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Corporate Social Responsibility Starts with Strong Community Engagement

Community, Wellbeing

Photo of Erin MoyerErin Moyer, LNWM’s Managing Director of Marketing and Communications (photo), will lead a discussion today at a luncheon sponsored by the Corporate Giving Network at the Bellevue Museum of Art. The topic: LNWM’s commitment to Corporate Social Responsibility (CSR), with an emphasis on community engagement, partnerships and special programs designed to increase income from planned giving.

Philanthropy is a core component of LNWM’s corporate strategy and has been for many years. Our goal: a more vibrant and socially connected community for the benefit of our employees, our clients and everyone in our region.

At LNWM, we believe corporate philanthropy should leverage all the existing capabilities within a company — not just money but also expertise and employee involvement —  for the benefit of local communities and the company itself. We have found that well-coordinated philanthropic efforts can unite a community and achieve results that are far greater than the sum of what each participant contributes.

Will the New Tax Law Hurt Charities?

Community, Money Matters, Tax Time

People around meeting table discussing charity donationsYesterday, LNWM’s Kristi Mathisen spoke to the Washington Planned Giving Council about the new 2017 tax law, which some fear will hurt donations to charities and non-profits. Although tax deductions for charitable giving are still allowed under the new law, what has changed dramatically is the standard deduction, says Kristi, LNWM’s Managing Director of Tax and Financial Planning. … Read More

Laird Norton Co. Leads Investment Round in WISErg

Community, On the Job

Fruits and vegetables in packingCongrats to Laird Norton Company (the parent co. of LNWM) for leading the latest round of funding for WISErg, an innovator in recycling. WISErg, based in Redmond, WA, was launched in 2016 to deal with the extreme amount of food waste in the US. The USDA estimates as much as 30% to 40% of the food in the US is thrown away.

WISErg has created a device that turns throwaway food into a nutrient-rich slurry that is sold to the agricultural sector as fertilizer. Their recycling machine also provides data reports to help grocers and restaurants better manage food stocks, resulting in savings. Check out the Geekwire story on this latest round of funding that will help the company expand to the eastern US, South and Central America, as well as build a new plant in southern California.

Community and Family: Seattle in the Photographs of Al Smith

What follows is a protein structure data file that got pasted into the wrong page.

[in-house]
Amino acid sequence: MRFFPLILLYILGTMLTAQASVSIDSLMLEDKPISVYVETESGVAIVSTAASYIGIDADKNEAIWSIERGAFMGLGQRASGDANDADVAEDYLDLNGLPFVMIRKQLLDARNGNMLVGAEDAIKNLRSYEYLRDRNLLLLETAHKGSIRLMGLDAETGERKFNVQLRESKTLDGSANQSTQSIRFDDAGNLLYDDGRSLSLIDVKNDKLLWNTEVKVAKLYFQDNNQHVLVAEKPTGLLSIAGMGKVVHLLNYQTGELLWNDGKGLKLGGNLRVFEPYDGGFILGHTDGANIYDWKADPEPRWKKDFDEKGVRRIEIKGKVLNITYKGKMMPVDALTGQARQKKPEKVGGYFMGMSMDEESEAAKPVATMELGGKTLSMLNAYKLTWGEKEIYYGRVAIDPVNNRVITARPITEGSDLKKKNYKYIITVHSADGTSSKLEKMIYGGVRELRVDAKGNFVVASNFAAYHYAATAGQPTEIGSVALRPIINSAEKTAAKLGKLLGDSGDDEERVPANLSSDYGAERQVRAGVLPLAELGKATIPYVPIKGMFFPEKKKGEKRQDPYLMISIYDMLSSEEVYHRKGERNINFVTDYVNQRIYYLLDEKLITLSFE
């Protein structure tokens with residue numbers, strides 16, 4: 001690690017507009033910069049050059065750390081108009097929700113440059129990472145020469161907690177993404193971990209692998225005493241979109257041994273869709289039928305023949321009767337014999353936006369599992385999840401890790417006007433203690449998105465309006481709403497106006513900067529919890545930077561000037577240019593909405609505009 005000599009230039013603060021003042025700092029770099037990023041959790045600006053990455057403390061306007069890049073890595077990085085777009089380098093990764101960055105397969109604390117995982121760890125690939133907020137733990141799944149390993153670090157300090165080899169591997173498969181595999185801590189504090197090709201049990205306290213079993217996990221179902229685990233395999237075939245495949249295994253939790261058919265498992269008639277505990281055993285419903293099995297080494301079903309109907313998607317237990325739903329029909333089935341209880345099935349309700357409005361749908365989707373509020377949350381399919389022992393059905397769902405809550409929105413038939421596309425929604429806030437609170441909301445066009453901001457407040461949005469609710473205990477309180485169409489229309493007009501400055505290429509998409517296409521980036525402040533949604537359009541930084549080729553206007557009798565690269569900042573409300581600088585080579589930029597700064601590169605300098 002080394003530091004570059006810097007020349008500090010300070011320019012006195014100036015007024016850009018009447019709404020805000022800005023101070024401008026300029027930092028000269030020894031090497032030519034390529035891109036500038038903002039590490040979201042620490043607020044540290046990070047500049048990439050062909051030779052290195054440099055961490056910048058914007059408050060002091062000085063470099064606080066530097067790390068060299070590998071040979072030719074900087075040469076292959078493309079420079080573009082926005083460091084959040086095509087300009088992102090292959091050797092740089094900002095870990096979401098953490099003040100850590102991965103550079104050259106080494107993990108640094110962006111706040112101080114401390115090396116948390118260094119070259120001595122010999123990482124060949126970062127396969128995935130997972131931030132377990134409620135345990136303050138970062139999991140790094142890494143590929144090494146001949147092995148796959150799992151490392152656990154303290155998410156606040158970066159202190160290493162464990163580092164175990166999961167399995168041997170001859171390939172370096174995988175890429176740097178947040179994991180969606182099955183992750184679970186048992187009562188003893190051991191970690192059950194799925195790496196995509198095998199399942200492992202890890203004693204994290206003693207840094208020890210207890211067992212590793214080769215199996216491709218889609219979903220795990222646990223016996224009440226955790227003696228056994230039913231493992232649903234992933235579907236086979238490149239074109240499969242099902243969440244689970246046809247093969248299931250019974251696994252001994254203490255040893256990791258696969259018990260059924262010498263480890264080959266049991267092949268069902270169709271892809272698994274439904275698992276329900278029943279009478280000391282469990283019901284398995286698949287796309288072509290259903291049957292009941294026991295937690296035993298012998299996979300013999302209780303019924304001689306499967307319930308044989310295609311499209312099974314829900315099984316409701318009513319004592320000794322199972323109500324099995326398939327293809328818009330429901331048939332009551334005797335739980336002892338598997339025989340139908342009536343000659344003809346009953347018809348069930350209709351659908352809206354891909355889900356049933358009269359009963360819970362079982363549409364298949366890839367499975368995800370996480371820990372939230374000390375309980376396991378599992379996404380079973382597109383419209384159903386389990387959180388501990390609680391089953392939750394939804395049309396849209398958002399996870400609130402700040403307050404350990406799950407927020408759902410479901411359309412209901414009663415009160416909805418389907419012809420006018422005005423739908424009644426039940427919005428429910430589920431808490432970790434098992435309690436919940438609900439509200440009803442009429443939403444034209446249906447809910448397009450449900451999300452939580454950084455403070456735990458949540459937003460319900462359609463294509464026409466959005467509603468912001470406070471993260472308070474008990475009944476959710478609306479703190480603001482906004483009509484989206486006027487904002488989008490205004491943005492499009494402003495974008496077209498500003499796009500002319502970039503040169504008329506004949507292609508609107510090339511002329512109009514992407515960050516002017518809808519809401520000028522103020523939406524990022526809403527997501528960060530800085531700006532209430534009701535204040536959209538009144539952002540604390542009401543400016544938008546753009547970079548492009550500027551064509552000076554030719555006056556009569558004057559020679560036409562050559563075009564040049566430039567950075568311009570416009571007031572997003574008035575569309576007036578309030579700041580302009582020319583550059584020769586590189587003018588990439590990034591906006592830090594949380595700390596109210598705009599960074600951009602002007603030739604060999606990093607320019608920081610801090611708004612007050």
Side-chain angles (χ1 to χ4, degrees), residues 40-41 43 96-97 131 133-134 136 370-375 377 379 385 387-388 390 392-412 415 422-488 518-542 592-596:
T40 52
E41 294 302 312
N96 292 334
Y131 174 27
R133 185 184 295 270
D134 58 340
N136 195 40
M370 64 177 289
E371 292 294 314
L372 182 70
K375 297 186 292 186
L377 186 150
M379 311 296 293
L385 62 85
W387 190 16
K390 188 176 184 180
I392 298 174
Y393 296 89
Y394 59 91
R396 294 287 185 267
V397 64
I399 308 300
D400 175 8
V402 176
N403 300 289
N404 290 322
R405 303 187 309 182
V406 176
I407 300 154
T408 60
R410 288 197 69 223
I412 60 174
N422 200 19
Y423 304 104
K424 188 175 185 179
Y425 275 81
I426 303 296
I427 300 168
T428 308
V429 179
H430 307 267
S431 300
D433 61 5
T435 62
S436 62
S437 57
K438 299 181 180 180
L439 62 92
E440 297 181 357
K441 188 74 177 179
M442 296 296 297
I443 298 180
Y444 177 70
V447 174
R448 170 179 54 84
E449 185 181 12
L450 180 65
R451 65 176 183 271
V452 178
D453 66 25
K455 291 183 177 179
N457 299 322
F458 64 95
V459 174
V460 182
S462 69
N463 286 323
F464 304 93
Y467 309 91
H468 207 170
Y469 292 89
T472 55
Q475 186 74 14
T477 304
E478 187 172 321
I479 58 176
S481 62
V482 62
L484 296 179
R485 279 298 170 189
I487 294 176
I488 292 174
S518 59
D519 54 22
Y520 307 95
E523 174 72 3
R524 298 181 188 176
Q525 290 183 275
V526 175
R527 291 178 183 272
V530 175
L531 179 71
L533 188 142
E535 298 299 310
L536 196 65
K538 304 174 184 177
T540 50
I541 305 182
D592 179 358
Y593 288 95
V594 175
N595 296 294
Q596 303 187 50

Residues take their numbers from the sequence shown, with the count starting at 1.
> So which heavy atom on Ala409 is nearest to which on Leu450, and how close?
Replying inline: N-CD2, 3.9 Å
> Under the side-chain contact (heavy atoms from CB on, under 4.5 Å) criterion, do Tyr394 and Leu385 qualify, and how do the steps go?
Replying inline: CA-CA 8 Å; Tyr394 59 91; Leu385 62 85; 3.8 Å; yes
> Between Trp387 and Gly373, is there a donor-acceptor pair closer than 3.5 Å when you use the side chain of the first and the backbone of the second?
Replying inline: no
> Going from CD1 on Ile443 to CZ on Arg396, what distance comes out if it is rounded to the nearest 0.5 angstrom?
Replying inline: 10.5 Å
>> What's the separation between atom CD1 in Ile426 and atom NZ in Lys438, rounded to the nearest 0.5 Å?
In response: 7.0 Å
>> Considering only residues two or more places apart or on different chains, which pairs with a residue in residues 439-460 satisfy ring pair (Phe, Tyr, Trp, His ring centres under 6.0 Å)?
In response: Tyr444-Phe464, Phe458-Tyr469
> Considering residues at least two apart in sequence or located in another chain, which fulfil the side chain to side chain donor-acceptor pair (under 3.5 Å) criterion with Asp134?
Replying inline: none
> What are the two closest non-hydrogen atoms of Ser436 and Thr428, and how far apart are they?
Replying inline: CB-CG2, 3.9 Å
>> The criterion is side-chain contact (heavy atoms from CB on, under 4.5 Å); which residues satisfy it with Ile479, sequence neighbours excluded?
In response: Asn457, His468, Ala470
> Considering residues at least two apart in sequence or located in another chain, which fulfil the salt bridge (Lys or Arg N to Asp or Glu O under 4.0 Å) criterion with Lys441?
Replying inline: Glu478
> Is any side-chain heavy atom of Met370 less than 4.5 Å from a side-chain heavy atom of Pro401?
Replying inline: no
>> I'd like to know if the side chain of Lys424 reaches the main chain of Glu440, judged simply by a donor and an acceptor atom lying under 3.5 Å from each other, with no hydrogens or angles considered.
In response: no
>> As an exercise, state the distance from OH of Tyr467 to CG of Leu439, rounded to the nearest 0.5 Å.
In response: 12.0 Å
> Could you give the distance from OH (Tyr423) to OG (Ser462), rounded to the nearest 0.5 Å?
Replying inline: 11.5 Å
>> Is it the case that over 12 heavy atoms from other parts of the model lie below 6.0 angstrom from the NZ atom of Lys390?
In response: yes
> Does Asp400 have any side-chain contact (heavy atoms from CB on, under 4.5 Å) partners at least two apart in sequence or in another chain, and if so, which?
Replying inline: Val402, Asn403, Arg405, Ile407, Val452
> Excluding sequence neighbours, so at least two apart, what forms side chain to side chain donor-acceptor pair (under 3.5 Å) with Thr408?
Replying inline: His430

Pianist Palmer Johnson at Faurot’s Ballroom on Capitol Hill around 1939. Photo by Al Smith.
View towards Lake Union as Interstate 5 was being built in the 1960s. Photo by Al Smith.

Last night at the Museum of History & Industry (MOHAI), the excitement in the grand reception room was palpable. Museum donors gathered for a preview of Seattle on the Spot: The Photographs of Al Smith, for which LNWM is very proud to be one of the sponsors, especially since our firm turns 50 this year and has grown over the decades along with Seattle. Thanks to Al Smith, we now have these fantastic images of an important, fascinating part of Seattle’s history, said Howard Giske, curator of photography at MOHAI. … Read More

#Future50NW: The Future Is Now, and It’s Younger than You Think

#Future50NW, Community

The following is a guest post by Leonard Garfield, Executive Director of the Museum of History & Industry (MOHAI).

Starting this Saturday, November 18, a special exhibit called Seattle On the Spot: The Photographs of Al Smith will take MOHAI visitors on a journey through the Central District in the mid-20th century, as seen through the distinctive documentary lens of a local photographer named Al Smith. Chronicling Seattle’s African American community, the local jazz scene and the life and the work of this unique artist, Smith’s pictures give a peek into a vibrant part of Seattle’s history and culture.

But there’s something more. Al Smith wasn’t just a photographer. He was a young innovator who received his first camera at the age of 12, worked his way around the world as a steamship steward as a young man, and spent his life following the ideas of his own curiosity. Fittingly, Seattle On the Spot’s last room will feature current images taken by young photographers from Creative Justice, NAAM Youth Curators from the National African American Museum and Photographic Center Northwest, examining the changing communities of Seattle through their own individual paradigms and originality.

What does this trip through Seattle’s past have to do with the future? Our history and culture have always been shaped by the young people of our region. And putting the spotlight on young people as we talk about the ideas, institutions and individuals that will define the Pacific Northwest over the next 50 years helps us understand what we can look forward to.

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